Bowel cancer is the second biggest cause of cancer death in the UK. Some of the symptoms of the disease can be easily mistaken for other conditions, while others are more obvious.
The bowels refer to the lower part of the digestive system – including the colon and the rectum.
When cancer springs up in the bowels, it can cause symptoms similar to the symptoms of many other cancers such as fatigue and weakness, and weight loss.
But since it also messes up the function of this specific digestive organ, it can also have symptoms that are more unusual.
One symptom that has been found among bowel cancer patients is “anal mucus secretion”.
The health body also recognises that it can cause a “change in bowel movements over several weeks”, alternating from constipation to diarrhoea for example.
Although its symptoms are uncommon among most cancers, they could also be caused by other conditions including irritable bowel syndrome, and inflammation of the stomach lining.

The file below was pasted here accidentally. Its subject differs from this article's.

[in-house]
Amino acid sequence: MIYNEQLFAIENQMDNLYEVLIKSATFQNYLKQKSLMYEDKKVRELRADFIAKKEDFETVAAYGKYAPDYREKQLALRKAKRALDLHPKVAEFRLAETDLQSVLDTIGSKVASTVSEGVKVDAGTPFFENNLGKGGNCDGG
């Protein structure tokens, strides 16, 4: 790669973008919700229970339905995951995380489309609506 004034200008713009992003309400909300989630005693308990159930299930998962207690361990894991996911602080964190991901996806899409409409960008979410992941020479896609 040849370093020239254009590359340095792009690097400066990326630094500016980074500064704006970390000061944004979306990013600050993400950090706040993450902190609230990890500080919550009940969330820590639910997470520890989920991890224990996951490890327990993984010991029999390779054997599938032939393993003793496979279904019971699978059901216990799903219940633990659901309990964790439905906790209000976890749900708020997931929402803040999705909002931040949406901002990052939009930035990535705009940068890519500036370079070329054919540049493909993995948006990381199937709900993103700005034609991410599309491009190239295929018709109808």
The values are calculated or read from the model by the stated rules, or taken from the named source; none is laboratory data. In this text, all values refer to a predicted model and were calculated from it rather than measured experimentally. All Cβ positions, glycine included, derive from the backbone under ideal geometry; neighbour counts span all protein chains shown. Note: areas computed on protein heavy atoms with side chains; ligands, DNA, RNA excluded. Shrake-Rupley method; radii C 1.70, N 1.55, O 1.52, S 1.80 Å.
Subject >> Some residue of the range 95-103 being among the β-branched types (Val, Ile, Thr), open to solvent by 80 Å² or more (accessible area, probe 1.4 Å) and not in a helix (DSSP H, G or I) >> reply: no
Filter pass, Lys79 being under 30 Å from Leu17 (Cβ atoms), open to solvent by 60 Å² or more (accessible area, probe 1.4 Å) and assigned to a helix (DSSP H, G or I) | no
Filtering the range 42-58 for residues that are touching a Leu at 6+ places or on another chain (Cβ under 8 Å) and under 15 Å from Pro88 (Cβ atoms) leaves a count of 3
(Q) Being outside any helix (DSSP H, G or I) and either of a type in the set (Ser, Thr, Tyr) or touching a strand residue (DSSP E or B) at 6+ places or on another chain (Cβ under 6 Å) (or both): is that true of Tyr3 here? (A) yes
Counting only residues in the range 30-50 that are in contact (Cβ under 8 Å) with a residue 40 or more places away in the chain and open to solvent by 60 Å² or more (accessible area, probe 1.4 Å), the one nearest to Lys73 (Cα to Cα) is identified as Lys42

It’s worth noting that “bowel cancer is only rarely the cause, especially in people under the age of 40,” according to InformedHealth.
Regardless, you should visit your GP if you have symptoms of bowel cancer that last three weeks or longer, according to the NHS.
The health body suggests another possible symptom: bloating that is always brought on by eating.
If you visit the GP with symptoms of bowel cancer, and you are thought to be at risk of the disease, they will carry out a digital rectal examination.
This is used to check if there are any lumps in your tummy or rectum.
The NHS adds: “The tests can be uncomfortable, and many people find an examination of their bottom a bit embarrassing, but they take less than a minute.”
Health professionals may also offer a colonoscopy – an examination of the large bowel using a colonoscope. A colonoscope is a thin, tube-like tool that has a viewing lens.
Bowel cancer can prevent digestion from passing through the bowel – called bowel obstruction.
This can cause the following symptoms: